Pepper Vinegar

Most other Americans seem to think that the quintessential Southern hot sauce is a Tabasco-type mash, but restaurants across the middle South usually offer pepper vinegar as well.

Many people find pepper vinegar essential for flavoring greens, and some—like me—like it on peas and beans. Any hot pepper can be used, but long cayennes and sports are most common. Make it in jars, and serve it in a shaker bottle.

Prick the peppers; you don’t have to stem them. Pack the containers until the lid just mushes the fruit. Use white vinegar, full strength, salted, something like a tablespoon of salt per quart of liquid. Heat the vinegar until just simmering.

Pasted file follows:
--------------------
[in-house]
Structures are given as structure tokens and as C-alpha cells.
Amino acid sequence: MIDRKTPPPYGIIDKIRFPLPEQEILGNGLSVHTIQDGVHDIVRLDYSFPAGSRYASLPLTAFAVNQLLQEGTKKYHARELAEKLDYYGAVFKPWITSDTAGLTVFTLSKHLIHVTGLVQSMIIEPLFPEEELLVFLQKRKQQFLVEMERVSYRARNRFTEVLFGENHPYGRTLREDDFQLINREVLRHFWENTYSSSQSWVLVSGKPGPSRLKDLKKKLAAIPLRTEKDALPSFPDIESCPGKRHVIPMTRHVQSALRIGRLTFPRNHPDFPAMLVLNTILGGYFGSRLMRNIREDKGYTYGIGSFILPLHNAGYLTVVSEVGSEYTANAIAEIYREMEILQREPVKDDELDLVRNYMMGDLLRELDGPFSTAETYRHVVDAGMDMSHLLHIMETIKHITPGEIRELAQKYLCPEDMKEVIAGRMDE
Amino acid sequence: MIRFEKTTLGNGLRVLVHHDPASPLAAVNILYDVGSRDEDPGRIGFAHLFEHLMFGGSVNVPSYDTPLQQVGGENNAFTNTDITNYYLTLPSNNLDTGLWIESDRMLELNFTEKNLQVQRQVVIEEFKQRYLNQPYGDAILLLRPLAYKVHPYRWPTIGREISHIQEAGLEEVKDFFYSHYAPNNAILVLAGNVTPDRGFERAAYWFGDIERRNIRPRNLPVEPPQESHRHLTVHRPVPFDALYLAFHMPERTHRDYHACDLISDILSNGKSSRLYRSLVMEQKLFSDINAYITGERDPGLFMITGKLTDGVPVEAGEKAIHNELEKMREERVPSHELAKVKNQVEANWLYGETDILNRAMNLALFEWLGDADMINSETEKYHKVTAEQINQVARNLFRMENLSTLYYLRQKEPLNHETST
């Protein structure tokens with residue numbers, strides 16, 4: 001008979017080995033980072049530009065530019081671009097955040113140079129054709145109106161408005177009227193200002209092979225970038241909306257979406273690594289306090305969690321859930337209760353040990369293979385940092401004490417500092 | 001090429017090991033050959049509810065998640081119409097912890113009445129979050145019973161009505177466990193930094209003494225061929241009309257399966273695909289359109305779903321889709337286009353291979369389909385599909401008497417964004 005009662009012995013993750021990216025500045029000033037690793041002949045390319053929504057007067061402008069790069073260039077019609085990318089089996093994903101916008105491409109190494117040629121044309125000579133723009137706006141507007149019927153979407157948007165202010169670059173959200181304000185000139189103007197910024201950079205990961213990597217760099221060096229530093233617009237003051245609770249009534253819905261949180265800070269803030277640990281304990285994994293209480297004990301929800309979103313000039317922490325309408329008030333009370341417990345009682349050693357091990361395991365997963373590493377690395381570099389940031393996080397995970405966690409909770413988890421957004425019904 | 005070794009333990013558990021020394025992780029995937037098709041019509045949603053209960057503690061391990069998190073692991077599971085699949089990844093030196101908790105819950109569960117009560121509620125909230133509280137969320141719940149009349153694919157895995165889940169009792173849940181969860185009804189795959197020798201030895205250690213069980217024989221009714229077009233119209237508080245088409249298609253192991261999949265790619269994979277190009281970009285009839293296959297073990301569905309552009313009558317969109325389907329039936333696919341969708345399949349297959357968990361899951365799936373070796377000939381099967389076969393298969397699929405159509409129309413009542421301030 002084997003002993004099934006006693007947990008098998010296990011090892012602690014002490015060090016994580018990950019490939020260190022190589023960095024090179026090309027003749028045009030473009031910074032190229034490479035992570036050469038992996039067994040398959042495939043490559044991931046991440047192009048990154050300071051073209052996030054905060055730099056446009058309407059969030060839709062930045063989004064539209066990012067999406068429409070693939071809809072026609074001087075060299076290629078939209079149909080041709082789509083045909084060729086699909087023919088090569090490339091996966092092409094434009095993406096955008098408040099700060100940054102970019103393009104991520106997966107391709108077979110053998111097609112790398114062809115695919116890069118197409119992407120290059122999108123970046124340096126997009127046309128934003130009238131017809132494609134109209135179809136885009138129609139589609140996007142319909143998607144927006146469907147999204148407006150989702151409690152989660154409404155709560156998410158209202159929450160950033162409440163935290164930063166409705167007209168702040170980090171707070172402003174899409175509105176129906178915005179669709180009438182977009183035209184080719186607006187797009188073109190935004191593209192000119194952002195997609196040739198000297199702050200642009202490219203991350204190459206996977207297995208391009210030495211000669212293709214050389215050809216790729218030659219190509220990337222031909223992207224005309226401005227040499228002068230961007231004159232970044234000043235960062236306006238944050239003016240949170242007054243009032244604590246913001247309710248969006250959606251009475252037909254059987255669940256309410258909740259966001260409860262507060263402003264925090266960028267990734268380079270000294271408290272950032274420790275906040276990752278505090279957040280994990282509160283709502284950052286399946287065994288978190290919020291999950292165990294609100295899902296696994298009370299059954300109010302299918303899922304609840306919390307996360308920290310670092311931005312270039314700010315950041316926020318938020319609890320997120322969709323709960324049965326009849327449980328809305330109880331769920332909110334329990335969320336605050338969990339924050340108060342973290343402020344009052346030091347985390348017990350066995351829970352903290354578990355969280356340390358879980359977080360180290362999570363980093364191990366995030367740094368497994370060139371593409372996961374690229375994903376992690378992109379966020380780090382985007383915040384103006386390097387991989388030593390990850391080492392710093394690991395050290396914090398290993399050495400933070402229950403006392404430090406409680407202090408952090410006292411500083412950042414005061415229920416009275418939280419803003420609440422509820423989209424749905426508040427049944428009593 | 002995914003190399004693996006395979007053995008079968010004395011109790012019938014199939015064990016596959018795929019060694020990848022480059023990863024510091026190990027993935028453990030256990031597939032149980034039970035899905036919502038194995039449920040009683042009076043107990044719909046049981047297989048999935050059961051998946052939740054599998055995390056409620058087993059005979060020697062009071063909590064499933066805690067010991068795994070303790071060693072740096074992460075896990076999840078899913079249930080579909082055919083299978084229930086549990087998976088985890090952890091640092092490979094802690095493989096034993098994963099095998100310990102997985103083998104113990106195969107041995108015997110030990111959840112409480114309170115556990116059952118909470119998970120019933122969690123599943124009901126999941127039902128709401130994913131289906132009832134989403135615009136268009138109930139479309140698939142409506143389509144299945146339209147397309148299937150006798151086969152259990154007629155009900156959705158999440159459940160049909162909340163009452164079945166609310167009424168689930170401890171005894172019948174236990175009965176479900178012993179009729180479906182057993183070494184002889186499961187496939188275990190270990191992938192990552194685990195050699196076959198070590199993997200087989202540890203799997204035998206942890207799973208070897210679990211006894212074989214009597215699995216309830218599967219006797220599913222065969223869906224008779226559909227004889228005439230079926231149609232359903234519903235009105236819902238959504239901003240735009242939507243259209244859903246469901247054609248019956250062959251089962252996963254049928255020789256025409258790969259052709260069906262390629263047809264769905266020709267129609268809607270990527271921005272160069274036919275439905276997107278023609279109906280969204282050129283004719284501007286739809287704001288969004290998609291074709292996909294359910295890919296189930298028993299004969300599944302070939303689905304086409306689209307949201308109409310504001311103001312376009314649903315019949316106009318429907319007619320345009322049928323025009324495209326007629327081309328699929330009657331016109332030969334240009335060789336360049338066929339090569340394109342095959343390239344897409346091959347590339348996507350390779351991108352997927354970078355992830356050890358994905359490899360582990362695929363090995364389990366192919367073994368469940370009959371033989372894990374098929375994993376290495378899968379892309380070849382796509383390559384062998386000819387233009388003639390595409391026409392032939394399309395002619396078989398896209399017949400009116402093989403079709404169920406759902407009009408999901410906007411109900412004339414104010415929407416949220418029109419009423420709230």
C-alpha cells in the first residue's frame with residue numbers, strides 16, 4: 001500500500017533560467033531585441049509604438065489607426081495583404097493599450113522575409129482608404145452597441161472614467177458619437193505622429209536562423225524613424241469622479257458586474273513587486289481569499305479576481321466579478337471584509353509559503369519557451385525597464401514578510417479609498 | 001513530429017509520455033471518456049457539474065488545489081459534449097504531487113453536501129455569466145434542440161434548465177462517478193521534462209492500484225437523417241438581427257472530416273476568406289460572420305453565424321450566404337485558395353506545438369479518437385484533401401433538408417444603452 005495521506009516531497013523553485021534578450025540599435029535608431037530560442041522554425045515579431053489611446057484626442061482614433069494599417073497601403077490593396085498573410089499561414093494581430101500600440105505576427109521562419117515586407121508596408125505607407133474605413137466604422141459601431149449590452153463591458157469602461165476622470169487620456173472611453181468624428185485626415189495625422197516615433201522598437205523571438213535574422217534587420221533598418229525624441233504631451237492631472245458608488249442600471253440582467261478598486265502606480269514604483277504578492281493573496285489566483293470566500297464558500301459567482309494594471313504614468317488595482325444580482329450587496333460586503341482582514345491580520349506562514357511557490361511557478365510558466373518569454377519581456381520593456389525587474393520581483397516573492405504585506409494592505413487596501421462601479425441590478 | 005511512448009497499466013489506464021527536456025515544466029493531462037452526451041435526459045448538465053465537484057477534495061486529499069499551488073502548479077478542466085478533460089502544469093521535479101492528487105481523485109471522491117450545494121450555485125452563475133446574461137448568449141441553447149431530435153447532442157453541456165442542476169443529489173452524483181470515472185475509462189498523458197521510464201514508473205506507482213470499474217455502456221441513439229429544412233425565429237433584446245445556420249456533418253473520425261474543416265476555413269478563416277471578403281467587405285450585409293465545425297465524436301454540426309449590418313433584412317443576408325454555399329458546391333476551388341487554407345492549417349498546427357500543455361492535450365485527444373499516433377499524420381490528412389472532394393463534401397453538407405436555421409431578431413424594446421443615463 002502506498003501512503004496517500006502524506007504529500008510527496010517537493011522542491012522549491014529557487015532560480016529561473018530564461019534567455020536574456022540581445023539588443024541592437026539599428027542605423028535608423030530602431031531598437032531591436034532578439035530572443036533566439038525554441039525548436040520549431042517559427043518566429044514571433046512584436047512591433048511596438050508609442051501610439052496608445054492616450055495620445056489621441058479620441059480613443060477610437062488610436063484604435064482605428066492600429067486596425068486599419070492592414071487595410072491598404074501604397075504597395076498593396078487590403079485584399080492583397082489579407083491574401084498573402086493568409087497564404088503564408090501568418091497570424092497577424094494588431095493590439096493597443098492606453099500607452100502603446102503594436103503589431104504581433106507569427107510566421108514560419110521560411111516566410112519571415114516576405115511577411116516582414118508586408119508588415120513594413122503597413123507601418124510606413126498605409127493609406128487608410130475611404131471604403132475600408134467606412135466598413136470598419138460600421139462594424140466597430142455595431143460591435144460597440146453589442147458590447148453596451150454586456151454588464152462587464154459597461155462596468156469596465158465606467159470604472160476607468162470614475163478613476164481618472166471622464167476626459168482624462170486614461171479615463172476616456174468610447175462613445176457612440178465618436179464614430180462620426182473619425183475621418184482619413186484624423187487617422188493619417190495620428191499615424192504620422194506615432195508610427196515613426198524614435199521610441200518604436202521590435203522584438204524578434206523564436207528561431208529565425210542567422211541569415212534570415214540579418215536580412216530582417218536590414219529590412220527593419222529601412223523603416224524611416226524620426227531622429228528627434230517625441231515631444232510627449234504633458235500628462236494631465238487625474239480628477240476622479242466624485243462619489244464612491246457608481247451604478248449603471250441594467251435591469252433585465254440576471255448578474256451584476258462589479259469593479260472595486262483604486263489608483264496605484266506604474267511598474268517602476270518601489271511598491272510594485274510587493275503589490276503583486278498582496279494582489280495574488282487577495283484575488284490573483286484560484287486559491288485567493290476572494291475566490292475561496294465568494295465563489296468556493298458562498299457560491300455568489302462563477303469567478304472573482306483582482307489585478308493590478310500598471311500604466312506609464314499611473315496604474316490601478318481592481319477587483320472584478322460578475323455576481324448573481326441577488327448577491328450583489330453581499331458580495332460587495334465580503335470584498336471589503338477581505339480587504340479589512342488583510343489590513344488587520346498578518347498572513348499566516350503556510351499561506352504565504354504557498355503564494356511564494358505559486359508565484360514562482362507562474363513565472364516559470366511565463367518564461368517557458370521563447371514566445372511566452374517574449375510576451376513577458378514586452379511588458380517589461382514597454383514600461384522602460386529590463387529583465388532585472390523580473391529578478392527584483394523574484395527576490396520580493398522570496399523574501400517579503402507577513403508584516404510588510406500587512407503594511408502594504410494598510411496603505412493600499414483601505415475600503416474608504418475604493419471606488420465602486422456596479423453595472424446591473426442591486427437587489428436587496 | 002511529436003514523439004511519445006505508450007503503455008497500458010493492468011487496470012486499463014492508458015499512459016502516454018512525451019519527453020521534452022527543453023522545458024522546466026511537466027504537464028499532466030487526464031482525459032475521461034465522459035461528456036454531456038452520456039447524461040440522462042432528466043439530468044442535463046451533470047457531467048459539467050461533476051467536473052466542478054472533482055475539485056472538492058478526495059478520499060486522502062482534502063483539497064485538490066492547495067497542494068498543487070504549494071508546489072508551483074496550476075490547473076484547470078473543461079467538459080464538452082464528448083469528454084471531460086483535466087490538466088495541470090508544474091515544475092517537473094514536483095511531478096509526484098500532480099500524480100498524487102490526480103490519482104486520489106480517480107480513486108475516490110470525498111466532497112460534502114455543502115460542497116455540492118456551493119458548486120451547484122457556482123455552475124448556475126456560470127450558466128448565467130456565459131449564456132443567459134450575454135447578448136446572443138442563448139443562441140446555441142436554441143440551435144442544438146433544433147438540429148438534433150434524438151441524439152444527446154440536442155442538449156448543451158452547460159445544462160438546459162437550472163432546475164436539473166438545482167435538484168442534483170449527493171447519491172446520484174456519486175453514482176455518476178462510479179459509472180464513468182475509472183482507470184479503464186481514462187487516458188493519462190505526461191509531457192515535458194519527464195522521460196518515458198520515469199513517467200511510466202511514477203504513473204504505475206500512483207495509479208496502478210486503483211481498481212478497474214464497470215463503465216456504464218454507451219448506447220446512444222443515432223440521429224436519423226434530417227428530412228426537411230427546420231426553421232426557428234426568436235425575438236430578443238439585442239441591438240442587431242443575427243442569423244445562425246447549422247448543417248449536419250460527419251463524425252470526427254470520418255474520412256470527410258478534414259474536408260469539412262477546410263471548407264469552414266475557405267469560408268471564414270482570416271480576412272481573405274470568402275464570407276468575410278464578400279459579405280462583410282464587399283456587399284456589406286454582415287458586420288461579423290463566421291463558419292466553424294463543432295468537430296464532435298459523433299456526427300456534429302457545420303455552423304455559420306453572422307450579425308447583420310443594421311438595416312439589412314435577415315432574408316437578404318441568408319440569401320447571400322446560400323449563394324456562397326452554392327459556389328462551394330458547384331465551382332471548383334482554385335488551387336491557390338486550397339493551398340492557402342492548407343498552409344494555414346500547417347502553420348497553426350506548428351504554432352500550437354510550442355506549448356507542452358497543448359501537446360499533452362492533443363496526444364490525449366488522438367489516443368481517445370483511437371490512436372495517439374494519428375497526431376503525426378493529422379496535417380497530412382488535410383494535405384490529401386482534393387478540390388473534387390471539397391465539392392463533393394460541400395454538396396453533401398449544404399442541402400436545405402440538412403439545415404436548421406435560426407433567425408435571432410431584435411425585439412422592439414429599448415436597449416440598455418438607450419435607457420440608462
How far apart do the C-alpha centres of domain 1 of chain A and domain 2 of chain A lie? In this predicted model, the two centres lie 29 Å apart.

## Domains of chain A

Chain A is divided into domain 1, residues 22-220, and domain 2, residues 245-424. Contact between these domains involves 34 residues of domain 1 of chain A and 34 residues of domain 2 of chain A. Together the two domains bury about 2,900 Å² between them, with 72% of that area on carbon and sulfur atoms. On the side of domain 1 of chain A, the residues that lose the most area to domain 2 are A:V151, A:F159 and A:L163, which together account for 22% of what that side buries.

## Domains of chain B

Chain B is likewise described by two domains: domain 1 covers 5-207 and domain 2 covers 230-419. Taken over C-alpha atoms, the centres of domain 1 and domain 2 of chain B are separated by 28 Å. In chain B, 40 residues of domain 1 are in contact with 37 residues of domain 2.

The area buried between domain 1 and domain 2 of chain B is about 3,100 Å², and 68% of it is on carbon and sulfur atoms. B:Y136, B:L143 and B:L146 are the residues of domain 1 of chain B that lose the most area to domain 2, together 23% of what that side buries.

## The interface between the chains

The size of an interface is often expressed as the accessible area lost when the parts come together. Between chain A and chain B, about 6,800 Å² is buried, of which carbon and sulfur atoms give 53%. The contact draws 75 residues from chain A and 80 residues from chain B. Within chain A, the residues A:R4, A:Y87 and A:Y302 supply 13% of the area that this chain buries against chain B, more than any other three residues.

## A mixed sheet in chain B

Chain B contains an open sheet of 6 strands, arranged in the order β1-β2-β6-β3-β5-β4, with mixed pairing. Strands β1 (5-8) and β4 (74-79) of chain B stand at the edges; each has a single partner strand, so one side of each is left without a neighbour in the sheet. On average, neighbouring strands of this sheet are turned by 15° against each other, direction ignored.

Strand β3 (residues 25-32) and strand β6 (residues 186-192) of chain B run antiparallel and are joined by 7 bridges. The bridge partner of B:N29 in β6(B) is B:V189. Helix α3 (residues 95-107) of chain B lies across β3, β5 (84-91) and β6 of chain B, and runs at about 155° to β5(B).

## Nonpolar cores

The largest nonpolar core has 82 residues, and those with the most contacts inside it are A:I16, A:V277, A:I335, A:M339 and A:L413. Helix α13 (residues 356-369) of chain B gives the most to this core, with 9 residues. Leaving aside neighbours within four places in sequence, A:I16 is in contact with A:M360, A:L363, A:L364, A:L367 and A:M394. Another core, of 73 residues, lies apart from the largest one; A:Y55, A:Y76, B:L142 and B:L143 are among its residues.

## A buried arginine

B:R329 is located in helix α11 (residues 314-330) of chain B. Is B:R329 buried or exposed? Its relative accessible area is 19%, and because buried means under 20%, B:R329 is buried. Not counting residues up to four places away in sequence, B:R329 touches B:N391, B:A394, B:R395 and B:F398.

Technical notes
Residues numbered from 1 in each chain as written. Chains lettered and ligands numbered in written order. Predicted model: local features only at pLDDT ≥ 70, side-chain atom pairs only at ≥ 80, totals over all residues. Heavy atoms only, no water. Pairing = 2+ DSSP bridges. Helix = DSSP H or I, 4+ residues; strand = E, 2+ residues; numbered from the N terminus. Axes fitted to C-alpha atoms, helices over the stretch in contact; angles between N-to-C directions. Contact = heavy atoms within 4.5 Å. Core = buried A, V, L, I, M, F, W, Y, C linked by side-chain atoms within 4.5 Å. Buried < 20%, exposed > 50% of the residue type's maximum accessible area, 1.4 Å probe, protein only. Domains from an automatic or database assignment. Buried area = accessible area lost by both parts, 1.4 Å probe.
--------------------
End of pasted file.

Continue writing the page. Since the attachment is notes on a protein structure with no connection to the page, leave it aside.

Put a few drops of vegetable oil in with the peppers before adding the hot vinegar. This adds a little kick, and no, I don’t know the science behind it. Some people add sugar, but don’t.

Pepper vinegar ages well over several weeks and you can infuse the peppers with more vinegar–no heating required, but shake well–to stretch a jar.

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